2020 is the first time in history that FDI in China overtook that of the US. China is now the world’s largest recipient of foreign companies’ investments.
The last time China had to digest economic numbers as dreary as 2020, was in 1976 when the country was still ruled by Chairman Mao. However, as negative as this may sound, the news is actually good! Chinese officials are pointing to positive growth. And they’ve been doing so since the second half of 2020.
As one might expect, the first quarter of last year was abysmal because of the nation-wide lockdown, with the economy contracting by almost 7%. Amazingly, the economy has been picking up ever since, with 6.5% growth in the most recent quarter.
Moreover, the Chinese surplus over its trading partners last year also expanded. How is this all possible you ask? The Chinese economy was ahead of the curve in dealing with the fallout from COVID and the top-down power structure in China allows the government to contain the virus relatively quickly.
As a result, by late spring and early summer of 2020, the country was ready for business to re-open. On top of the country’s early return to business, the government has been implementing policies to further stimulate the economy, including:
- pumping money into large infrastructure projects, and
- offering cash hand-outs to consumers
The Chinese economy has further benefitted due to soaring global demand for PPE and medical supplies, many of which are made in the country. All of these contributed to GDP growth in 2020.
From an FDI perspective, foreign companies are turning to China’s booming economy and superior management of the Covid-19 pandemic. FDI in China grew by 4% to $163 billion in 2020.
By contrast, FDI in the US decreased by a whopping 49% to $134 billion last year, according to the United Nations Conference on Trade and Development.
While Covid-19 was a large factor in the drop of FDI in the US, the decrease in foreign companies’ American investments began well before the pandemic.
According to the US Commerce Department, foreign investment in the US reached a peak of $440 billion in 2015 and has been on a sharp downward slide ever since. Former President Donald Trump’s trade policies hurt foreign investment — particularly from China, which represented the sharpest drop in US investment over the past several years. Growing economic uncertainty around the globe also contributed to the decline.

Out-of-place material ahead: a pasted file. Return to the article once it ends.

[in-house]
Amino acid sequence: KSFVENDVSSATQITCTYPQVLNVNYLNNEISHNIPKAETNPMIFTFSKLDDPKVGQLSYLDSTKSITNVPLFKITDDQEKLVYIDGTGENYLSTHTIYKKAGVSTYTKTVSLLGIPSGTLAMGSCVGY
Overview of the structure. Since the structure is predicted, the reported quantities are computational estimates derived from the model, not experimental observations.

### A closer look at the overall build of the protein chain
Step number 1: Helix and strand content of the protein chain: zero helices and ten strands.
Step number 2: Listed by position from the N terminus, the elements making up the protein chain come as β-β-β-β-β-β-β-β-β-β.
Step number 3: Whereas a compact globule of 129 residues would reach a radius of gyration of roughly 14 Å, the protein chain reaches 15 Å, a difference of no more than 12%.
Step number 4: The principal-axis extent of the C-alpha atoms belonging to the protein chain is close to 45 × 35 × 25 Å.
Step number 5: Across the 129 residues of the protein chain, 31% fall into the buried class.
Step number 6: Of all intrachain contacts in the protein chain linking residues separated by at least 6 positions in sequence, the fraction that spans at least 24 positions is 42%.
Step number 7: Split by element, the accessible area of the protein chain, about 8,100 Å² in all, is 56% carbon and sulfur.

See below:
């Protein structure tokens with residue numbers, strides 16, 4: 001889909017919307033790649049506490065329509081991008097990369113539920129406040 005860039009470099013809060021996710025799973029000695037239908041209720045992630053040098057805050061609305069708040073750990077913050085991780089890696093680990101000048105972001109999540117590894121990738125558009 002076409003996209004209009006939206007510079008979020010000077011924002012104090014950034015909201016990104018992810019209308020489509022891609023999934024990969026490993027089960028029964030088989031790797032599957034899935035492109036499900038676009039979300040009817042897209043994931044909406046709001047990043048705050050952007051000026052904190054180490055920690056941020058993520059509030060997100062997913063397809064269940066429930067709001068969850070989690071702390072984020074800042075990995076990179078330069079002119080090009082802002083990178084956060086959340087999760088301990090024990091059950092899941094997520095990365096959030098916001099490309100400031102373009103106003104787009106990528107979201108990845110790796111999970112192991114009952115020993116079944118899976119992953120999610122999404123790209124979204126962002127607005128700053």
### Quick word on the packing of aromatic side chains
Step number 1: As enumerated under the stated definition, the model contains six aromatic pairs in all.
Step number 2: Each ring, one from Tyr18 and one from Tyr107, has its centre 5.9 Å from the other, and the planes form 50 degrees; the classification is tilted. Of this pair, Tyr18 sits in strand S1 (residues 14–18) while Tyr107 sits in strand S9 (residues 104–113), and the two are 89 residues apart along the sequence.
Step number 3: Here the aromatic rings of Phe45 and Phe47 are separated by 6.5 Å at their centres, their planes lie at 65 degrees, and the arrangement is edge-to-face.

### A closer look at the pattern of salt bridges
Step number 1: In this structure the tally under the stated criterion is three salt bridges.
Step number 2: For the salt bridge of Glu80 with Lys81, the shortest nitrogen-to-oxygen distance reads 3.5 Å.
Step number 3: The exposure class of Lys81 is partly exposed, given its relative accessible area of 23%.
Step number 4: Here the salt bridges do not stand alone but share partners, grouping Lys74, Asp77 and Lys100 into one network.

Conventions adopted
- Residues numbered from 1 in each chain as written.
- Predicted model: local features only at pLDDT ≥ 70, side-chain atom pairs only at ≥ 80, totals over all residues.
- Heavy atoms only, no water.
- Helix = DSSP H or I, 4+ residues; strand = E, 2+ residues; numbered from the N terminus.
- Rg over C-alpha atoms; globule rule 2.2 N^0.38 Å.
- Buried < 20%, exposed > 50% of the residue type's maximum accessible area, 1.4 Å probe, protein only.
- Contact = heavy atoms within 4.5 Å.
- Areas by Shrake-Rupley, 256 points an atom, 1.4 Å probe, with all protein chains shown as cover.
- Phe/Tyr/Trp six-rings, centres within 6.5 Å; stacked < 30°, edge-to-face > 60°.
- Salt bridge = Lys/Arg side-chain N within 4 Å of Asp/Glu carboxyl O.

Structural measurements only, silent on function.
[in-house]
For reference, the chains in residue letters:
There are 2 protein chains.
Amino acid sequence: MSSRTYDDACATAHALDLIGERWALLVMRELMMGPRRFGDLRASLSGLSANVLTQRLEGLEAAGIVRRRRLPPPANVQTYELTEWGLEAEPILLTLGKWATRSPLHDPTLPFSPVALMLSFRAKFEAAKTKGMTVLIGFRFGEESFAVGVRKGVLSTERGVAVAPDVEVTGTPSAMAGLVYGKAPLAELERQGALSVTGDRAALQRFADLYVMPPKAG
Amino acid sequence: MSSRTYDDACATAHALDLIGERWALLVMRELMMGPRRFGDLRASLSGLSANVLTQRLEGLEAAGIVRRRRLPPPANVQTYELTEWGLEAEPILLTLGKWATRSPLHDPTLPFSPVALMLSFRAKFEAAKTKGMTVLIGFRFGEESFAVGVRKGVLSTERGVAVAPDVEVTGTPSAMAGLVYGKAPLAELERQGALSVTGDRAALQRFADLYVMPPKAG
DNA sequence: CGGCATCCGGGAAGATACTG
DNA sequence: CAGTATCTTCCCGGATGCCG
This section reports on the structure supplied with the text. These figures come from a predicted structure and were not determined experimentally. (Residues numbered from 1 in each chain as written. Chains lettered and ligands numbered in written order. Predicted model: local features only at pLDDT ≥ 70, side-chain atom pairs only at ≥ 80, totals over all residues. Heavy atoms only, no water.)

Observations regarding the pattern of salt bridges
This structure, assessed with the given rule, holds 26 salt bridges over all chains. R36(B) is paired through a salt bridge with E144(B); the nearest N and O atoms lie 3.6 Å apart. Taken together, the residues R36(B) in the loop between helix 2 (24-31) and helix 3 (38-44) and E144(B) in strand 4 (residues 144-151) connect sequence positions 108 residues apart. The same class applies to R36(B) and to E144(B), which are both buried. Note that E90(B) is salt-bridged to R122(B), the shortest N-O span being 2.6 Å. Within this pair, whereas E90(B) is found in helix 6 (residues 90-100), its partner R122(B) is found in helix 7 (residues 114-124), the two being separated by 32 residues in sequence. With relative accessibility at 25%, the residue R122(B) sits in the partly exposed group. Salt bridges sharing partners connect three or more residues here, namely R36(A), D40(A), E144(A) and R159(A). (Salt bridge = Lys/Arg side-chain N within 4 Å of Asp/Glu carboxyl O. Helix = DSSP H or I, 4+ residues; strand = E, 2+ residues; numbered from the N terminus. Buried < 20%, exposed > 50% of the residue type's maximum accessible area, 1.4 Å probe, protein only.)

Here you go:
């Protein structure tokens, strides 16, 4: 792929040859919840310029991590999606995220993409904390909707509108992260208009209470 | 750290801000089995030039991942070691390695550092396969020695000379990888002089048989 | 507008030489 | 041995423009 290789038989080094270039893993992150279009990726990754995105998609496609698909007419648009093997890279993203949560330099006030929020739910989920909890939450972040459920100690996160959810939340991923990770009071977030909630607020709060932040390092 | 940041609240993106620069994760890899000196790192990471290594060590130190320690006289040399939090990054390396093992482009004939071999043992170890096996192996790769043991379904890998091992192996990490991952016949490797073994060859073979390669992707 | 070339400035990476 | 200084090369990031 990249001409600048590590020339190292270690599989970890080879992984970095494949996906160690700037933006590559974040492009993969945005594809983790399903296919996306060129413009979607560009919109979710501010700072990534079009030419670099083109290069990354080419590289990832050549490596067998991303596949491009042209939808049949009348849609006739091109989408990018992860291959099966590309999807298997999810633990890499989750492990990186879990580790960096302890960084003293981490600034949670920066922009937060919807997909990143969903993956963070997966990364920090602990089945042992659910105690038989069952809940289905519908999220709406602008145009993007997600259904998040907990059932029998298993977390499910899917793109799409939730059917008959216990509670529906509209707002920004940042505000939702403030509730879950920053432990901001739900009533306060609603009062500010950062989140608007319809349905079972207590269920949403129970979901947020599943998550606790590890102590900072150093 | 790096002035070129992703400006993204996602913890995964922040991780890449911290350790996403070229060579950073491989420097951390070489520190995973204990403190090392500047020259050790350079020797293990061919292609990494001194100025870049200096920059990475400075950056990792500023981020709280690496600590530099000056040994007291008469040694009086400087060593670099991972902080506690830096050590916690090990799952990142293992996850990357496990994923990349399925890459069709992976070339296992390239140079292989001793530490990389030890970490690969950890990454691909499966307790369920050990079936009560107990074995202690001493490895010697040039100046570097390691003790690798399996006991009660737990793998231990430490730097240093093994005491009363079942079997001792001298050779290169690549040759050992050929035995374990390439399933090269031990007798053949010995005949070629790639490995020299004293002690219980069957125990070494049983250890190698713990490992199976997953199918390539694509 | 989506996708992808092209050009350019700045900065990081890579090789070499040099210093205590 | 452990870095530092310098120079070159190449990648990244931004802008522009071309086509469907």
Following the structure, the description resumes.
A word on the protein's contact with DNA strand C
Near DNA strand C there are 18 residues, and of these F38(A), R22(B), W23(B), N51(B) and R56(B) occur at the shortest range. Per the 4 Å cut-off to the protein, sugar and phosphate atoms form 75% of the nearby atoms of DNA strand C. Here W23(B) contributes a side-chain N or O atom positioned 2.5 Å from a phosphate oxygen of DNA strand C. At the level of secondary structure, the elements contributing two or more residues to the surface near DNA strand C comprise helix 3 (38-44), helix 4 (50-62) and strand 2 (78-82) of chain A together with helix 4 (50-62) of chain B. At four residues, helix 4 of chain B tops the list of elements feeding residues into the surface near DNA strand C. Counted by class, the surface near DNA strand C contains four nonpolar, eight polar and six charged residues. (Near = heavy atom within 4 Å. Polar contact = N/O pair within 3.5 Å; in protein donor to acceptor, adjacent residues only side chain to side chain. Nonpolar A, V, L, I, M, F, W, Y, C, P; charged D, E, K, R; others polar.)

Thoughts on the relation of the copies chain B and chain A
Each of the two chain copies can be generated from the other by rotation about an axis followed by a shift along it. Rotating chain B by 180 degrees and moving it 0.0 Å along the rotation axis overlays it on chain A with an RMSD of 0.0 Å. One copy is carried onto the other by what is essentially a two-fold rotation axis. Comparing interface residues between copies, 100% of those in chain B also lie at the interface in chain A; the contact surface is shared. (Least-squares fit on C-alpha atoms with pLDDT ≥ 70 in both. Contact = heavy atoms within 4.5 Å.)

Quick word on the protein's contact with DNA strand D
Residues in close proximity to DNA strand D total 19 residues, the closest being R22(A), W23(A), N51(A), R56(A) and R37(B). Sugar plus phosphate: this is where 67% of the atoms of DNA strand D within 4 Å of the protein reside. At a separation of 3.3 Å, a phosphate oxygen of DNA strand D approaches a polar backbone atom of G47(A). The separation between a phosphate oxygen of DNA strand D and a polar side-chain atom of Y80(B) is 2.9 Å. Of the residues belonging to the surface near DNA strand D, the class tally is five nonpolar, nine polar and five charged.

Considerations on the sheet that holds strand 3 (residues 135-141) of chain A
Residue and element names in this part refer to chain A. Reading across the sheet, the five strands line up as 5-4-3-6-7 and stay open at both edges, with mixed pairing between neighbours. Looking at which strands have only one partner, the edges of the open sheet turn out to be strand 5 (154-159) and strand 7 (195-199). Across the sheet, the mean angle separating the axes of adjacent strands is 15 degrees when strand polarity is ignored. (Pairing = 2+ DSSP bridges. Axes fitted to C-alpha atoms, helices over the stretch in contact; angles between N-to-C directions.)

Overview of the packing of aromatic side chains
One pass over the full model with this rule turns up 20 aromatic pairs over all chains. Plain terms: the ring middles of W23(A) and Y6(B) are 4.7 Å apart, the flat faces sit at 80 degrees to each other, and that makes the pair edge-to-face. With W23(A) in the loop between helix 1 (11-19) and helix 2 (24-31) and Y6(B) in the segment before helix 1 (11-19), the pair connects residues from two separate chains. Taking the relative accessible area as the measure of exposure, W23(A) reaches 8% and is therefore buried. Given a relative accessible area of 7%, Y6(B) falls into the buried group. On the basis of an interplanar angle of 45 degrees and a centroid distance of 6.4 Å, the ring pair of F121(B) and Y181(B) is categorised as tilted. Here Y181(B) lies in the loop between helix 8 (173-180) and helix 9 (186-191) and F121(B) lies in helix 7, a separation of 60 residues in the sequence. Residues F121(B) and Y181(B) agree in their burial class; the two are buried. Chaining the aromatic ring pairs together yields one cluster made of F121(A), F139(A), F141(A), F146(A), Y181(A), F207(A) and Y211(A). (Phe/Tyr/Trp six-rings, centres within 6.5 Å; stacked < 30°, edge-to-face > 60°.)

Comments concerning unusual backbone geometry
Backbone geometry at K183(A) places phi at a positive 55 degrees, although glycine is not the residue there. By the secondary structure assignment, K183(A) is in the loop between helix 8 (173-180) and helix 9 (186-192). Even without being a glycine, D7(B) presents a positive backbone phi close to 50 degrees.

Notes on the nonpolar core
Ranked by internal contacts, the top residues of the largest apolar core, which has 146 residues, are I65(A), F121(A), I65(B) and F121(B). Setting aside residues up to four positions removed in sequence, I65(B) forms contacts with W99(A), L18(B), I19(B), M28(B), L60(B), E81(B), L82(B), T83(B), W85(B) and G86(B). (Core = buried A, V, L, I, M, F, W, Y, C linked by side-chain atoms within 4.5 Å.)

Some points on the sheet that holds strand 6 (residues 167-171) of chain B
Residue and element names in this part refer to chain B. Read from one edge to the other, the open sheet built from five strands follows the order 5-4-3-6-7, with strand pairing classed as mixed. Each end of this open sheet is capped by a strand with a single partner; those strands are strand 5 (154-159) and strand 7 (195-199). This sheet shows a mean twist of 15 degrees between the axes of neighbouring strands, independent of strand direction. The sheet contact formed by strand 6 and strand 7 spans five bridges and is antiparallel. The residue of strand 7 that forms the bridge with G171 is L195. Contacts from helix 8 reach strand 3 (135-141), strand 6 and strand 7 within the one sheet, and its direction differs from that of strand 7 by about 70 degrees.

The decline of foreign direct investment into the US in 2020 was most prominent in wholesale trade, financial services and manufacturing. International mergers and acquisitions, as well as sales of US assets to foreign investors, fell by 41%.
At the same time, China’s relatively quick recovery from the pandemic, coupled with robust economic growth, led foreign investment to grow aggressively in 2020. The Chinese economy grew by 2.3% as the vast majority of major global economies shrank.
FDI Around the World
FDI to India has similarly skyrocketed, from less than $25 billion in 2014, before Prime Minister Narendra Modi took power, to $57 billion last year, an increase of 13% over 2019.
Most economies weren’t as fortunate. FDI in the UK and Italy fell by almost 100%. Russia’s FDI fell 96%, Germany’s sank 61% and Brazil’s plunged by 50%. Australia, France, Canada and Indonesia — all among the top FDI recipients in 2019 — also fell by double digits.
Overall, FDI fell by 42% last year to the lowest level since the 1990s and 30% below the lowest level reached during the 2008-2009 global financial crisis.